In the same interview, Lauda revealed of what happened in the fallout of the incident between Hamilton and Rosberg in the 2016 Spanish Grand Prix at Barcelona, when the two came together on Lap 1 itself to retire from the event.
The already-strained relation between the two drivers only went worse after the incident, with Lauda putting the sole blame on Hamilton for the 'aggressive' move going inside of Rosberg in the corner with no space whatsoever.
"It was very difficult [to handle both]," said Lauda. "In the beginning it was fine, but as time went by they got more competitive against each other, because the last three years we had the Mercedes car which was quicker than any other car and we only raced each other.
"The competition was only between Nico and Lewis for the championship. We had a huge competition between the team [even on the inside], which sometimes in the end was too much, but we put some regulations in.
"We told them -- especially in Barcelona when the pushed each other off the track -- we said this was unacceptable for Mercedes and one of you guys has to win [the race] you cannot push each other off.
"We put some rules in, you are not allowed to [do that] and you have to pay a penalty if you do it again or we will think of releasing you from your contract, because we are team players here and we cannot destroy each other. This was the thing. Toto came up with some good rules and we had peace again. We fought hard and the accidents got reduced between them."
Lauda added that he and Hamilton had a talk in Ibiza after Barcelona, where the two world champions met privately to discuss it face to face, as to why Lauda thought Hamilton was to be blamed. Putting his racing driver's hat on, Lauda said to Hamilton that he could have waited for another corner to pass for the lead, since Rosberg would have been on less power when Hamilton would have the chance to easily overtake him.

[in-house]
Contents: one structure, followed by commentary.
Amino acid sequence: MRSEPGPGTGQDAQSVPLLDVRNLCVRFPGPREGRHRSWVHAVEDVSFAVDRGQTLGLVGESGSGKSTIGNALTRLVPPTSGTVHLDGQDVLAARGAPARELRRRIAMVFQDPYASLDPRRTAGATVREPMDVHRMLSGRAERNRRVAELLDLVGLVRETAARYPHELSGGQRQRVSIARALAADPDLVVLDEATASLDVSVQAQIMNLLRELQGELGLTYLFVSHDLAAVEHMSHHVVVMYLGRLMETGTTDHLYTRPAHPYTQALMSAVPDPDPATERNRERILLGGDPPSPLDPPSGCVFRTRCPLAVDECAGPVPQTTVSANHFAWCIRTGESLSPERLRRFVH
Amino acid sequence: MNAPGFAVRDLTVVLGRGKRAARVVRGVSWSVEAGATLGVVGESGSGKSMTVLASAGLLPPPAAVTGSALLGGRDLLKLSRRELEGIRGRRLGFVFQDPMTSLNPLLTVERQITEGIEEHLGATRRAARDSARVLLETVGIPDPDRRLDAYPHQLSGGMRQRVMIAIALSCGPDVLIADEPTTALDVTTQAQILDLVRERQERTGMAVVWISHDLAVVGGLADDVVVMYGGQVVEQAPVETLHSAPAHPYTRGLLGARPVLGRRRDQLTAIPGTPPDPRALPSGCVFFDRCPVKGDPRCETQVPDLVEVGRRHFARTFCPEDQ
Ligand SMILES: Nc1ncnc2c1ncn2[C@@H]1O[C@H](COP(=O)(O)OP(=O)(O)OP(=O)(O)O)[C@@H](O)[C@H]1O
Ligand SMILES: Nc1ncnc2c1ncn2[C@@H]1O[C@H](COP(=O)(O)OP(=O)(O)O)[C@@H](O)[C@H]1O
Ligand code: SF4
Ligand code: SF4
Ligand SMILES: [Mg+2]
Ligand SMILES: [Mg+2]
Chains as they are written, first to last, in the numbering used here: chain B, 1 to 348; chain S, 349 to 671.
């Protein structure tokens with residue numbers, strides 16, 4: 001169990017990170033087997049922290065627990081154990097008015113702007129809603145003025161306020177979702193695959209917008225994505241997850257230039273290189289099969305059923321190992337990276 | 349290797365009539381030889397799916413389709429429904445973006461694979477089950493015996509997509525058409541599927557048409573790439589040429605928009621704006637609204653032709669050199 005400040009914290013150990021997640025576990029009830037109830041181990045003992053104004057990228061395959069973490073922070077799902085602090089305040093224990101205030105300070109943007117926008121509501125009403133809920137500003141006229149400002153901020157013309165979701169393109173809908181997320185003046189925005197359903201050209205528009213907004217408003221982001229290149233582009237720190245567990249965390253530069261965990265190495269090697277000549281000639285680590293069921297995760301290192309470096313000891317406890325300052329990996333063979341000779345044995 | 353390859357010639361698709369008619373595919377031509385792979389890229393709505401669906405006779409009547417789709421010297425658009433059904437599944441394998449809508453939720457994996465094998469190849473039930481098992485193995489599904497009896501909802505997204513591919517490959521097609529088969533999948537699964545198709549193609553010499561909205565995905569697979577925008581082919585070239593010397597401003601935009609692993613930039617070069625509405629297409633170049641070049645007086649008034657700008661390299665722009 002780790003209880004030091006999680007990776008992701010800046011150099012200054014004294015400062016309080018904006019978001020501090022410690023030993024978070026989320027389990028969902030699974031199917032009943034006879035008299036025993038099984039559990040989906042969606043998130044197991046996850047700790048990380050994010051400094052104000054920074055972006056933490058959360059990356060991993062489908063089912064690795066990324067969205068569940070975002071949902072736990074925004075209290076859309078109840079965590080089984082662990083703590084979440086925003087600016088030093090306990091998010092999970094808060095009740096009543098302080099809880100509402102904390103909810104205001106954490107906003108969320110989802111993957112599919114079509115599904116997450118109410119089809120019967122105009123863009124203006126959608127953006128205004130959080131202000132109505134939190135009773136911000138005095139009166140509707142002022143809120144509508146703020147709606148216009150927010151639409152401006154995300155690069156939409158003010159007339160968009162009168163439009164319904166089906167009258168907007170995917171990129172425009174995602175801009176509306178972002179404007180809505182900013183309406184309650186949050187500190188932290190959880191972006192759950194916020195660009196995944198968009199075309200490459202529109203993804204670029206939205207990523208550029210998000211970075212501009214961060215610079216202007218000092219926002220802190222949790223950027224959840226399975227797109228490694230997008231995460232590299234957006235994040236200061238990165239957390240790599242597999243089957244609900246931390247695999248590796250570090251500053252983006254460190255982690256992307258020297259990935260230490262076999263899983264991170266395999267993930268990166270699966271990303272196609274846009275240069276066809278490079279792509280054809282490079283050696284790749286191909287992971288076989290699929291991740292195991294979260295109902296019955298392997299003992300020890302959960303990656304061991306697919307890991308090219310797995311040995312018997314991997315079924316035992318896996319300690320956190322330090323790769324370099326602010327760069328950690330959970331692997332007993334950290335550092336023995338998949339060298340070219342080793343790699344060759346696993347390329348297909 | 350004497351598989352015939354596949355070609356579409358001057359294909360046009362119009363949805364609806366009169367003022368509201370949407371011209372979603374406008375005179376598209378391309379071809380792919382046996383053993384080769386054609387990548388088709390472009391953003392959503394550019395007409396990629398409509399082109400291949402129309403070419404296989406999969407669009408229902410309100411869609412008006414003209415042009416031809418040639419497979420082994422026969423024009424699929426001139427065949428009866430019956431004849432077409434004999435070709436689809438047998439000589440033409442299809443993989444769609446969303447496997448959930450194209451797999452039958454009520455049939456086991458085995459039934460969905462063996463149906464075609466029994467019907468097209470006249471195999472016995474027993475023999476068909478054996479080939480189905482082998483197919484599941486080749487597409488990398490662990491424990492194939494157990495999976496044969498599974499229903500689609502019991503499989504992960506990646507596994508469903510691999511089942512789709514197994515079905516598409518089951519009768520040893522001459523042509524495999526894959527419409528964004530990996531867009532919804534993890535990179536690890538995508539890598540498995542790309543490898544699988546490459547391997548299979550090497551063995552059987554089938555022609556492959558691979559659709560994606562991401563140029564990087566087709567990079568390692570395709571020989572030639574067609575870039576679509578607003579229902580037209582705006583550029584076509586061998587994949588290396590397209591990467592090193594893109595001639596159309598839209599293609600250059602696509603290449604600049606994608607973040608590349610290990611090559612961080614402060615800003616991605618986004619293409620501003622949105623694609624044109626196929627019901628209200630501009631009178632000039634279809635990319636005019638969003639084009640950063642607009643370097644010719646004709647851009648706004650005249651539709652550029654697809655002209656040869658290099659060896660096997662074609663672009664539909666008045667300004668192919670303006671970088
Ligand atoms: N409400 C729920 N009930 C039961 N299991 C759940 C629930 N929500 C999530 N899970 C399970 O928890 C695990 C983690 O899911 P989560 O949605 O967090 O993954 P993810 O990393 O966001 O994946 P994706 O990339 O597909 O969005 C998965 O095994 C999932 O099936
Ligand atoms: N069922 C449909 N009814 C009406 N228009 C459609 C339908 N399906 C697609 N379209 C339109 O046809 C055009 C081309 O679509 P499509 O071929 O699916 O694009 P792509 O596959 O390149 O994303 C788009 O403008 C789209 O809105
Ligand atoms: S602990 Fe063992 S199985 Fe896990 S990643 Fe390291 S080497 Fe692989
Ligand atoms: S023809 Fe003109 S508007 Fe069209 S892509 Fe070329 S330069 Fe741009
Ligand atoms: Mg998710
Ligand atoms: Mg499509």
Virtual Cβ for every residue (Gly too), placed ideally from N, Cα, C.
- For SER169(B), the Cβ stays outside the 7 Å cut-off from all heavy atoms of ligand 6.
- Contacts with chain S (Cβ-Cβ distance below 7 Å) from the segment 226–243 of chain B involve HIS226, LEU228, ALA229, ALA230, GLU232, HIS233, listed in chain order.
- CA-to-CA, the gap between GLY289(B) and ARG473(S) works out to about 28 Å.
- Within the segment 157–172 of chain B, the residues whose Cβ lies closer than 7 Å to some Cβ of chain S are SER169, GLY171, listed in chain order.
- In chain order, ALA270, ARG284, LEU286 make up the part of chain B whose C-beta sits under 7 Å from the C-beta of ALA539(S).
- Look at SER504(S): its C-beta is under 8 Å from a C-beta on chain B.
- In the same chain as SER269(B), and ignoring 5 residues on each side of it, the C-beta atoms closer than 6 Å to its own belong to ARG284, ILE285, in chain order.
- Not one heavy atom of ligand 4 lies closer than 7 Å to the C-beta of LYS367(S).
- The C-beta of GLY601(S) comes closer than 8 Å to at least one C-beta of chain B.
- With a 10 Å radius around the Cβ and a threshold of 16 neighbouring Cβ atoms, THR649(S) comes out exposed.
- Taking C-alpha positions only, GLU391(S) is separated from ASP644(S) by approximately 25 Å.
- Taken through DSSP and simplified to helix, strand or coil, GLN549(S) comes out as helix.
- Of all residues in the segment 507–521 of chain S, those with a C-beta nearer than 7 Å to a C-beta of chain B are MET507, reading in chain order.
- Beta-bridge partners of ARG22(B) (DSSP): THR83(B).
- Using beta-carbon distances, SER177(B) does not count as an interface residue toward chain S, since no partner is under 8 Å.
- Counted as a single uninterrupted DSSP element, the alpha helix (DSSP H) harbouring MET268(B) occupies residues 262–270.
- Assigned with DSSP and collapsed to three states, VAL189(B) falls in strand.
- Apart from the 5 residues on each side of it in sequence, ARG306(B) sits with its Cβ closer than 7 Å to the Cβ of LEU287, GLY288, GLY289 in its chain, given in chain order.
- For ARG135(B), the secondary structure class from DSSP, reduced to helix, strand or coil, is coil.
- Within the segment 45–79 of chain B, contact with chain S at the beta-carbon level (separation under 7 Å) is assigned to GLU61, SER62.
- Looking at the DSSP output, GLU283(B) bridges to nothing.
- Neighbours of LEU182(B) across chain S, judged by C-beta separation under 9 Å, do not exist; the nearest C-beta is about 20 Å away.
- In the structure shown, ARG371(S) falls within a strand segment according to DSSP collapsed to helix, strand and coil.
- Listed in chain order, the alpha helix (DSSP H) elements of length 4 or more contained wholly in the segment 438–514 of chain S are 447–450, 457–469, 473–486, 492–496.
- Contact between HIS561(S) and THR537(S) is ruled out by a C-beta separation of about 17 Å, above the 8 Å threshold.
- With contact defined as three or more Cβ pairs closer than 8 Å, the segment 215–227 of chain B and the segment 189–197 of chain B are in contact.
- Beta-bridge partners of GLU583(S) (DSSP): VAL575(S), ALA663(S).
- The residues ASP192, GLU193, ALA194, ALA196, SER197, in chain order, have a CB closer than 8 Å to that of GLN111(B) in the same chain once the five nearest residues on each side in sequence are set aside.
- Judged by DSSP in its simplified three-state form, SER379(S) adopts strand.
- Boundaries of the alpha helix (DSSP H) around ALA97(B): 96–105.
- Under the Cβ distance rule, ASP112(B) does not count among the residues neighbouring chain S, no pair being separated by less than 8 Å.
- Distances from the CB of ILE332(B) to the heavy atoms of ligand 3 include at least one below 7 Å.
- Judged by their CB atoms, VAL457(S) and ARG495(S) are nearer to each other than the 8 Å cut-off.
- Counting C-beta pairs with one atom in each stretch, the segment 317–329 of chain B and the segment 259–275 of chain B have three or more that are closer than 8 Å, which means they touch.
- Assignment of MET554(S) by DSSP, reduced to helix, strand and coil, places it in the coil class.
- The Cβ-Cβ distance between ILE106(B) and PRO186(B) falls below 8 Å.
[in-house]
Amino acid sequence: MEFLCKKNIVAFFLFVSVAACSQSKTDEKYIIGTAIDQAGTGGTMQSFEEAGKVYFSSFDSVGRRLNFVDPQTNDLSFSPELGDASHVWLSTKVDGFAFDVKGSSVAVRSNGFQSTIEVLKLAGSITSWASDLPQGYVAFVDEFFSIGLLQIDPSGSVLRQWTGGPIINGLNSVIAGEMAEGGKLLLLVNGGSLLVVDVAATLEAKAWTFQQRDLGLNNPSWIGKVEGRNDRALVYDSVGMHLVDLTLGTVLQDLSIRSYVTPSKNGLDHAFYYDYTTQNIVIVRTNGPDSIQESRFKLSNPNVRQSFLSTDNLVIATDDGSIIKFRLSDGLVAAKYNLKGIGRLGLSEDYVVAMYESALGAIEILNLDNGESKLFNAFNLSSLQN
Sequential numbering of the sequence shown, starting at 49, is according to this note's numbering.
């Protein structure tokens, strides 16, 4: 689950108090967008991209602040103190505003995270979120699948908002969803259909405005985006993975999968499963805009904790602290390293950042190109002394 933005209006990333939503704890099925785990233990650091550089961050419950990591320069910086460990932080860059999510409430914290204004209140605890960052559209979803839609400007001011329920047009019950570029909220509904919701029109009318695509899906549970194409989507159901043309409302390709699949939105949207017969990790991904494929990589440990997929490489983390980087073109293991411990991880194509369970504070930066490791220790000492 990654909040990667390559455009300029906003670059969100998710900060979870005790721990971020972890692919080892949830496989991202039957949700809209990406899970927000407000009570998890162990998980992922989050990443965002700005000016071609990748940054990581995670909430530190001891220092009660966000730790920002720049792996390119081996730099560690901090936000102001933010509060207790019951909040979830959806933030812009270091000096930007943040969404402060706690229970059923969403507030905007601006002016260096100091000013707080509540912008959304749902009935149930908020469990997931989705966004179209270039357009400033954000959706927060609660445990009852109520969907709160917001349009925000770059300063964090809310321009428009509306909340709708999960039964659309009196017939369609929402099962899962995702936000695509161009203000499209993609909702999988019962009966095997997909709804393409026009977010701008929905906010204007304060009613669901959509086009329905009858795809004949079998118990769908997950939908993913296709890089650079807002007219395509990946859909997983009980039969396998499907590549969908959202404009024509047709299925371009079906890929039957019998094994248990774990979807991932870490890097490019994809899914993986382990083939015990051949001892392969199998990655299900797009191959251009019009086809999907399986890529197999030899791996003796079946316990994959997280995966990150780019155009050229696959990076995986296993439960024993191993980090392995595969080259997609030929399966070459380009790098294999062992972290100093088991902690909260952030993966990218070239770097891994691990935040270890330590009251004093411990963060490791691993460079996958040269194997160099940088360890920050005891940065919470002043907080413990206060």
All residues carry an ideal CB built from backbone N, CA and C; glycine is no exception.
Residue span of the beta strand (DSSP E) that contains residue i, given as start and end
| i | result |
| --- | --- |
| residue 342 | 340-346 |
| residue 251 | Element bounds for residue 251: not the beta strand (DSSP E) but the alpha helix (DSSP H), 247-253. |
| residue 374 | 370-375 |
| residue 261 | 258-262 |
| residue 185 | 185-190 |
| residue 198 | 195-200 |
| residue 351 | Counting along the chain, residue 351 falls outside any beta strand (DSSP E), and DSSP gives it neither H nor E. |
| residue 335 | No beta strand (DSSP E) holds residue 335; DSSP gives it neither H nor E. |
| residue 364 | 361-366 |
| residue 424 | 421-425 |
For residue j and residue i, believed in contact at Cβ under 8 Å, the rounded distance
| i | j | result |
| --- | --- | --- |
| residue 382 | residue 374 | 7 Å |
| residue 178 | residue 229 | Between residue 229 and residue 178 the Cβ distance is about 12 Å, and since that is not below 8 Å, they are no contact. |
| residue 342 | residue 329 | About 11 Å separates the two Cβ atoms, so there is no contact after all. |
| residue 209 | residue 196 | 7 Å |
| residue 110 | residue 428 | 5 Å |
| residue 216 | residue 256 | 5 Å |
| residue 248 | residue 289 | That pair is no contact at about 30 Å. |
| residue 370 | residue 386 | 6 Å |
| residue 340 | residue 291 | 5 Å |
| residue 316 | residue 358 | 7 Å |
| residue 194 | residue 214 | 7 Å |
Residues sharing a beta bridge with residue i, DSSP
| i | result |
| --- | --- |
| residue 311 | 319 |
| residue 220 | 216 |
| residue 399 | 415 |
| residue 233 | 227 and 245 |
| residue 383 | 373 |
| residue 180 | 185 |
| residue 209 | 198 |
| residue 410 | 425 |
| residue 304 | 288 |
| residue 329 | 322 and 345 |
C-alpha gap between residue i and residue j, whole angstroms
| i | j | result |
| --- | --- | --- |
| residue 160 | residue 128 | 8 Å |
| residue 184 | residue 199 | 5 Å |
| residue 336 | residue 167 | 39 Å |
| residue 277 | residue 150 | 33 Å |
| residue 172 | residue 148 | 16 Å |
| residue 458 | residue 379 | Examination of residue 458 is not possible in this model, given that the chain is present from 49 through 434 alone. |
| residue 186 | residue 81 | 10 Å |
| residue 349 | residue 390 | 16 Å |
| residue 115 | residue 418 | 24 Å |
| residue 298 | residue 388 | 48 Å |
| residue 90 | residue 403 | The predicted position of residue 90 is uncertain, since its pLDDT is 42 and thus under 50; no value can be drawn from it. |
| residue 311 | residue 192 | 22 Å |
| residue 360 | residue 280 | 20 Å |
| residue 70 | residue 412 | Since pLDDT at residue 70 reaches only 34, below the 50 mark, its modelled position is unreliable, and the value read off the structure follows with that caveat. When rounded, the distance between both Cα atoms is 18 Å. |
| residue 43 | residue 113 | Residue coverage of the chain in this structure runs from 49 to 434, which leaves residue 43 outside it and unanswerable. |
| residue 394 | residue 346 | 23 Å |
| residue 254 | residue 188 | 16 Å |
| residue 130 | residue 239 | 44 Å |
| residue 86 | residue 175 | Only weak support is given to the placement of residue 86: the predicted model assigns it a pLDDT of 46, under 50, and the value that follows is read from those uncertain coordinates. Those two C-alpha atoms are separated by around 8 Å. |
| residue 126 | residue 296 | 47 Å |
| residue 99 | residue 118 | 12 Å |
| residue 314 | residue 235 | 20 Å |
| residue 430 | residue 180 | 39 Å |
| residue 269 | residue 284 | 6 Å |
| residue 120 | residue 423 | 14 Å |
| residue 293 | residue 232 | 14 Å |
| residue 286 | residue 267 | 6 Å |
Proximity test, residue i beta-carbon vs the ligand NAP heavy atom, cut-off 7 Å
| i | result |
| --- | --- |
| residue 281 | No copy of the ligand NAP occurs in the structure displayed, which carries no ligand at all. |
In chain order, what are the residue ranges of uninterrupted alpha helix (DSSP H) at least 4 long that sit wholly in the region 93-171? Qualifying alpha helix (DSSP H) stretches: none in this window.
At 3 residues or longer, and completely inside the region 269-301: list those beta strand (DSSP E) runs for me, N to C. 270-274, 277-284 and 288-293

"The big question [in Barcelona's meeting] was whose fault was it?" Lauda said. "For me it was clear because Lewis was too aggressive going to the right, hit the grass, couldn't stop his car and then hit him off. I said if I have to choose between the two it's more Lewis' fault than Nico's fault.
"And Lewis did not appreciate that, because he was of a different opinion. He said, 'Why do you criticize me?' I said, 'Excuse me. I cannot accept that you guys crash and then we have nothing and nobody's fault.
"For me it has to be somebody's fault.' And then Lewis really got upset. Nico said, 'Yes, it was your part too, you moved to the inside. Why did you not leave room?' He said, 'Why should I, I was doing the race'."
Lauda said the relation between Rosberg and Hamilton was so bad that they didn't even said a 'hello' to each other. "They had no relation, which is always bad. They were so bad that they didn't even say hello in the morning.
"I don't expect them to have breakfast together if they don't like each other, I don't expect them to sit down and have breakfast, but the relationship was really bad. It affected Lewis mainly and Nico [as well], so it was fine but not easy," he said.
The two have since then moved on, especially after Rosberg's retirement. Even in the Mercedes camp, Lauda feels of harmony between Hamilton and Bottas so far - with the two drivers showing of good solidarity, more than ever.
The fine gesture from Hamilton in Hungarian GP surprised many, but Lauda is certain if there will be a time for Bottas to help his teammate against Sebastian Vettel in the 2017 title battle, the Finn will come to the British driver's aide.